Product liability in trampoline accidents
Trampoline accidents may be caused by a defect within the product itself. Whether an accident occurs on commercial equipment at a trampoline park or on a trampoline that is intended for use in everyday households, accident victims may have a cause of action. An item may be inherently dangerous if the item is designed or manufactured with a defect. Design defects affect every model of the item a manufacturer produces. A manufacturing defect may affect one or more units of the product. In either case, the company that manufactured the product is liable under Florida law, setting up a product liability lawsuit.
Product liability claims can be based on the theory of negligence or on strict liability. When an accident victim claims the manufacturer's negligence caused injury, the plaintiff must prove four elements:
- the manufacturer owed the accident victim a duty
- the manufacturer breached the duty owed to the accident victim
- the breach of duty caused the accident
- the victim was injured in the accident and sustained damages
Under the theory of strict liability, the plaintiff is not required to prove the elements of a negligence-based claim. Therefore, a Florida civil court may find that a manufacturer is liable even if the manufacturer exercised reasonable care in attempting to prevent injuries. Strict liability occurs when a manufacturer places a product that is inherently defective and dangerous into the stream of commerce. Courts apply the theory in cases in which the manufacturer produces a product that the intended consumer would expect to be safe with reasonable, foreseeable use of the product. Strict liability may apply in cases involving:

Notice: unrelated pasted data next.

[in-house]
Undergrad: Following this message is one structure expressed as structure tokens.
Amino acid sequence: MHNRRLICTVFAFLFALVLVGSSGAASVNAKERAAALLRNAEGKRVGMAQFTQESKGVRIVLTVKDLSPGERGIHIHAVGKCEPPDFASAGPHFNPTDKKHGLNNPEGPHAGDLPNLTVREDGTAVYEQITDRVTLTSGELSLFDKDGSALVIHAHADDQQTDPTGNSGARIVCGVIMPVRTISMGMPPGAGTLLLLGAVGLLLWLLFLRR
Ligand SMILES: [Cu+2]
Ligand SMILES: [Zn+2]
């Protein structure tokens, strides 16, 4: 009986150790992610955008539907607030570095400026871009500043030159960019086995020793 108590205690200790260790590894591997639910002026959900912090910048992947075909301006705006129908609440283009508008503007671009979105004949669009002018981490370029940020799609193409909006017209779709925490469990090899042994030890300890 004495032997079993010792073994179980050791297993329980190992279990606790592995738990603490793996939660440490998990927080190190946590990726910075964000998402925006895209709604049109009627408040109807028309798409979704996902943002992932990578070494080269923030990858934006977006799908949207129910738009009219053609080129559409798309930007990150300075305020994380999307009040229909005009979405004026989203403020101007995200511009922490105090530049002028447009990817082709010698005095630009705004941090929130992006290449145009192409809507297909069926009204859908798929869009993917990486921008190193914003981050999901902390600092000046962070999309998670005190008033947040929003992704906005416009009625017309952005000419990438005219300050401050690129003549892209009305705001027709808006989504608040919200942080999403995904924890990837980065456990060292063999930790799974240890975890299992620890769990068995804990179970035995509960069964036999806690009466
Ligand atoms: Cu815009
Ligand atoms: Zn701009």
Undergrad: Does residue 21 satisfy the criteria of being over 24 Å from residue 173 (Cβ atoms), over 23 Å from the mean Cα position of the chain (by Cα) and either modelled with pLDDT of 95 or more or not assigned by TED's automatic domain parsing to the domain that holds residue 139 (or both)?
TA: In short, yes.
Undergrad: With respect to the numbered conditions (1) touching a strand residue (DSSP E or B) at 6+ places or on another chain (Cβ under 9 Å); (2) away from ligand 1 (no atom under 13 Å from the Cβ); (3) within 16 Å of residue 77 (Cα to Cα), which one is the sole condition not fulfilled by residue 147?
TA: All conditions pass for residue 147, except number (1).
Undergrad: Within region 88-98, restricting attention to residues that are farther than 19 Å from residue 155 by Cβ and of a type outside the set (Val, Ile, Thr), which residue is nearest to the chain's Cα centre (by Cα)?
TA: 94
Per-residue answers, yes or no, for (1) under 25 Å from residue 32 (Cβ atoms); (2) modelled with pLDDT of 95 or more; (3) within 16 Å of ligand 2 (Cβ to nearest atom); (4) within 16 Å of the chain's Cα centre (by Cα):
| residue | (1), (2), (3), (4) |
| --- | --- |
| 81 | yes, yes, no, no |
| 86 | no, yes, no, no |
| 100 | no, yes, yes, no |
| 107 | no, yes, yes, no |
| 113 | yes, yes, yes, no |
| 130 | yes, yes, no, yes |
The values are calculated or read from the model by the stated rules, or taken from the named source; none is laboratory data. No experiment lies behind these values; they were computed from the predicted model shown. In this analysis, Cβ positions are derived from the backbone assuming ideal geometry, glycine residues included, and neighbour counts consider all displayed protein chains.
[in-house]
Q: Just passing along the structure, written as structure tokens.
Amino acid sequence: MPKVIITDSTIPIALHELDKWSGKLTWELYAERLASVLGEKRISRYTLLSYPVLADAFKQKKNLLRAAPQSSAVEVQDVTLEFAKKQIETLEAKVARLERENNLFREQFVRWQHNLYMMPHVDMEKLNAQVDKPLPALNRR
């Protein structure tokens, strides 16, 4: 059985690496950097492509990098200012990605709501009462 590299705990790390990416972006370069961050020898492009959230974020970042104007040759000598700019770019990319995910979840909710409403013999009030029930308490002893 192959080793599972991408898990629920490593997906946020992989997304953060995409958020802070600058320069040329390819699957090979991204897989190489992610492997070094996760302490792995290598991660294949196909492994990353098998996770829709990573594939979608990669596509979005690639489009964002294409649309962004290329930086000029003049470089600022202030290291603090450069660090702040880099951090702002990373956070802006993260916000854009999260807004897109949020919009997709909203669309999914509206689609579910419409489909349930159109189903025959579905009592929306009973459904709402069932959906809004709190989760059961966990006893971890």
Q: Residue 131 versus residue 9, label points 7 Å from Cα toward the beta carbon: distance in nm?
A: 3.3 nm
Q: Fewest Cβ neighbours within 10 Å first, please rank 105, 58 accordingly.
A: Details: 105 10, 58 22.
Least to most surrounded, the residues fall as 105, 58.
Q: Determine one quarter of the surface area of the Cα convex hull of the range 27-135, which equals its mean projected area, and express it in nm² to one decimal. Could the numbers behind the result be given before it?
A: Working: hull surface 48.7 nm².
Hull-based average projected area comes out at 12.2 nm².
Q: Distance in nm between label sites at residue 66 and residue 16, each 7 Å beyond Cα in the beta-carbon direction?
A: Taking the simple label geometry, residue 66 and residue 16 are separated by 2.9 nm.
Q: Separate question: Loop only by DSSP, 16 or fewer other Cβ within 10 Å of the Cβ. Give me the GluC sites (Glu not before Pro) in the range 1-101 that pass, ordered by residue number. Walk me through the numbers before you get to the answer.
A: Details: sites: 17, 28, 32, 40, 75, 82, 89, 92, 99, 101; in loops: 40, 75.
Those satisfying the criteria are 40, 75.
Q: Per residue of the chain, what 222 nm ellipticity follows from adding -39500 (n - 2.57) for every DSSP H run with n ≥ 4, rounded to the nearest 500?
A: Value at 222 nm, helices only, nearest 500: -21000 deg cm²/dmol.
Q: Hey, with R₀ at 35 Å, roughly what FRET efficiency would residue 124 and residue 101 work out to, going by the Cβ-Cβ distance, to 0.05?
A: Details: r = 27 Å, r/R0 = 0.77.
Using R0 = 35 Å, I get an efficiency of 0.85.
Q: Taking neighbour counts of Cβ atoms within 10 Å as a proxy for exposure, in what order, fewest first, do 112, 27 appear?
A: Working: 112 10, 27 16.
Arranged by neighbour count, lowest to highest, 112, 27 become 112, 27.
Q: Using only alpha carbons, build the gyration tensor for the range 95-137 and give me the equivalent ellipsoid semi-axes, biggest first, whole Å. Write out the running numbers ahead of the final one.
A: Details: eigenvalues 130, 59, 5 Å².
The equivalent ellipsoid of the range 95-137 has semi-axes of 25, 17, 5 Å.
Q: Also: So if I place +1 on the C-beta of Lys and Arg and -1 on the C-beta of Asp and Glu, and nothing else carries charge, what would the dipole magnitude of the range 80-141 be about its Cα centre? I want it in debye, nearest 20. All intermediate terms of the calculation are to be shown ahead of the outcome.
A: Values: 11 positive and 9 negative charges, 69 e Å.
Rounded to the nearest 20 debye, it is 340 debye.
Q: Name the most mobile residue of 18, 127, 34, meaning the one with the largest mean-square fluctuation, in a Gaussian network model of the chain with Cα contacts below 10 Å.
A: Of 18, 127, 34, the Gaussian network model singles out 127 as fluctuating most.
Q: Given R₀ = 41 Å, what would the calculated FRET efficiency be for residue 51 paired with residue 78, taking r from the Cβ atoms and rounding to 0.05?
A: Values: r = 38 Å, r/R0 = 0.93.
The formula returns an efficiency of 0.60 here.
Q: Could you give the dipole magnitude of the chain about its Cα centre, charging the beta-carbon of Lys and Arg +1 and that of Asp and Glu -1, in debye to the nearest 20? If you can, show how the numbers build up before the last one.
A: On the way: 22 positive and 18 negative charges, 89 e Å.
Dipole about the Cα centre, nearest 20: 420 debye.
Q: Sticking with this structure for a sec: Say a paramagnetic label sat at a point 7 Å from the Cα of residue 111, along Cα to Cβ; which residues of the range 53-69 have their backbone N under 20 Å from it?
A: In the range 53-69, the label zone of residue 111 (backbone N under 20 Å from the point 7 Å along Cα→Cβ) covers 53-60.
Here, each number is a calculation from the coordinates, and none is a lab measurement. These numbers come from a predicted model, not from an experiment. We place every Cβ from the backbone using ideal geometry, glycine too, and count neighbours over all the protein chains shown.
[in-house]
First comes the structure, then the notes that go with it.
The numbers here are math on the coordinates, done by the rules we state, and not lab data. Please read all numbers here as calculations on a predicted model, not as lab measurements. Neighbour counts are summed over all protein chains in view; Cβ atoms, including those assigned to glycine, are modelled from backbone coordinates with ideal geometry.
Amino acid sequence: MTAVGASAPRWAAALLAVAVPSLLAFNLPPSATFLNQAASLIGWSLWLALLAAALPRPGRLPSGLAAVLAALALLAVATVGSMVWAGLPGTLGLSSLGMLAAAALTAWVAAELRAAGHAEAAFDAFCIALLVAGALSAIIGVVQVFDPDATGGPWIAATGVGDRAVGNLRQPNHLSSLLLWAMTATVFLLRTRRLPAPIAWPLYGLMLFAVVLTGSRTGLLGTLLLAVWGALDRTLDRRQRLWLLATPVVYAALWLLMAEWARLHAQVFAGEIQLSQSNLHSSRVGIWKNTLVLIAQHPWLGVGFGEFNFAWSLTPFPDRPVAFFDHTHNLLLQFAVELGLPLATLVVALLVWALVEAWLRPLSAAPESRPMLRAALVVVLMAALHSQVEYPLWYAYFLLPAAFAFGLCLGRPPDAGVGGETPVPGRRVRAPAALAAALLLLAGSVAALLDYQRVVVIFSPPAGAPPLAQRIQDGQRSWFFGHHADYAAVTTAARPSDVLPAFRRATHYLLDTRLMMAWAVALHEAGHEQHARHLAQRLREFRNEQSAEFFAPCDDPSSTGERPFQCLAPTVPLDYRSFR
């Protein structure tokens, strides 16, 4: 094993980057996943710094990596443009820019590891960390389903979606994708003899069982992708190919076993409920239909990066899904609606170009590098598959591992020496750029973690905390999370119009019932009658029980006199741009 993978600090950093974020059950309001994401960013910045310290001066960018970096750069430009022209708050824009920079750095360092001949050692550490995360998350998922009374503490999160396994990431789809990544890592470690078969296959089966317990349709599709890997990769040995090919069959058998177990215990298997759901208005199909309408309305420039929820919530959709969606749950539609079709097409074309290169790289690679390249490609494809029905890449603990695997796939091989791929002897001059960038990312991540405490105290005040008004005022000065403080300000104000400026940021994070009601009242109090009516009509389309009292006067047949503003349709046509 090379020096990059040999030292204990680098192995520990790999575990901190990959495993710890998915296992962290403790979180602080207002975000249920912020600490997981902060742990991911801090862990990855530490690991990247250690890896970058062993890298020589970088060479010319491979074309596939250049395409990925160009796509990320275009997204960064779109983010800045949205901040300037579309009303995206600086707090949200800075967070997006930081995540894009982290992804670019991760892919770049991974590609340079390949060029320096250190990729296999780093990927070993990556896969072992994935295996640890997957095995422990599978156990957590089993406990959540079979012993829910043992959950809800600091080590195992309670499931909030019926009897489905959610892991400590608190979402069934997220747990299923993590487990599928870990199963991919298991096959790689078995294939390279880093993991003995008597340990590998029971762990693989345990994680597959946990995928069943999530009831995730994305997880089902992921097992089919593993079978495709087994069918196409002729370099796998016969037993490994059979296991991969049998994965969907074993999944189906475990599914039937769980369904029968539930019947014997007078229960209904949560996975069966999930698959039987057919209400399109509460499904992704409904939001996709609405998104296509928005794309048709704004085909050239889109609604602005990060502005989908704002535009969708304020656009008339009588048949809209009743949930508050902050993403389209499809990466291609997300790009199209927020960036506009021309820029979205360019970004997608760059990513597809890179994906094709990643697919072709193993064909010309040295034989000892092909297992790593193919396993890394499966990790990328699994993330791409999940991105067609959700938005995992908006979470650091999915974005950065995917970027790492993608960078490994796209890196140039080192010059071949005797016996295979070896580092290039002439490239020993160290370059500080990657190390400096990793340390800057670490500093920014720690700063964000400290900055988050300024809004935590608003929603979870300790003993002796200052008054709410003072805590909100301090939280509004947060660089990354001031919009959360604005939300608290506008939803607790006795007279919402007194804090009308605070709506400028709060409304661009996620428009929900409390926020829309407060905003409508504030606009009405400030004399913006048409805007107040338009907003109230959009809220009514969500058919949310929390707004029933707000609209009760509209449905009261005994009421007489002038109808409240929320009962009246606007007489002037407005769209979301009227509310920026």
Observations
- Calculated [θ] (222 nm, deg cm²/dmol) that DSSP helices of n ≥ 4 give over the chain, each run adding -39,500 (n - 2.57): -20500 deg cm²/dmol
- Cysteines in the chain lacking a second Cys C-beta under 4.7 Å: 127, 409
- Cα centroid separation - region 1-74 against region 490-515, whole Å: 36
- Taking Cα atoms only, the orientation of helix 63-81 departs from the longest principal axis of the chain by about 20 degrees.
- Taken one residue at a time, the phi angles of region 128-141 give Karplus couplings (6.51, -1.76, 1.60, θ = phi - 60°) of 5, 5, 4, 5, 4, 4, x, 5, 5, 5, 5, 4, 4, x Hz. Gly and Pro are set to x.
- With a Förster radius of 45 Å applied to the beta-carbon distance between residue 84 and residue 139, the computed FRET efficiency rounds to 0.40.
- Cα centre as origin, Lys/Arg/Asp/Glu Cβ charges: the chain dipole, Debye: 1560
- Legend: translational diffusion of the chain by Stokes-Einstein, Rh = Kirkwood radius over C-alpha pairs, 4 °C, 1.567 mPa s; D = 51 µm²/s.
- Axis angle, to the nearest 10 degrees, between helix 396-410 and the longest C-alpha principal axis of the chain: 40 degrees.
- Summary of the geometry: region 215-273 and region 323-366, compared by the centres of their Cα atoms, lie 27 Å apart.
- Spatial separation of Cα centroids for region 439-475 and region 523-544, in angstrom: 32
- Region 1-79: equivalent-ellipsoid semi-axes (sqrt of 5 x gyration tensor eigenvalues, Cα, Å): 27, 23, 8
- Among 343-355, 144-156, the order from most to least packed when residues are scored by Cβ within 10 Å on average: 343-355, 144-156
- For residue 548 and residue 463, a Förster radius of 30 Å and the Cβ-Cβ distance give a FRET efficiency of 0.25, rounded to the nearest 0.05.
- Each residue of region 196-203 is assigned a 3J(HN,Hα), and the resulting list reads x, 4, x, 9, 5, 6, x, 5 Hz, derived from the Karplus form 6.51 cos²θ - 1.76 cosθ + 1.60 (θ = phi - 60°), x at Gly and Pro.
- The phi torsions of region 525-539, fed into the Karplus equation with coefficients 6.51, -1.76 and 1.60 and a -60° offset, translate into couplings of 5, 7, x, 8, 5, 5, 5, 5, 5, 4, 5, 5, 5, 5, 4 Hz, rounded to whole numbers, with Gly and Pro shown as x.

- defective design
- manufacturing defect
- failure to warn
A manufacturer may be strictly liable if it fails to properly label the product and/or the product's packaging to warn the intended consumer of related hazards. For example, if a trampoline has a weight limit, the manufacturer must include a warning label to sufficiently notify those who purchase and use the product.
Injuries from trampoline mishaps
Injuries sustained in a trampoline accident can range from mild to very severe. The most common include:
- broken bones
- head injuries
- neck injuries
- back injuries
- spinal cord injuries
Victims of trampoline accidents may receive compensation for medical expenses and, in cases involving working accident victims, lost wages. Accident victims who have very severe injuries may also receive compensation for pain and suffering.
Contacting a trampoline accident lawyer
Florida's civil court process can be confusing. An injury lawyer in Plantation can help trampoline accident victims determine the best approach toward seeking legal remedy for their injuries. Call us now to receive a free case evaluation.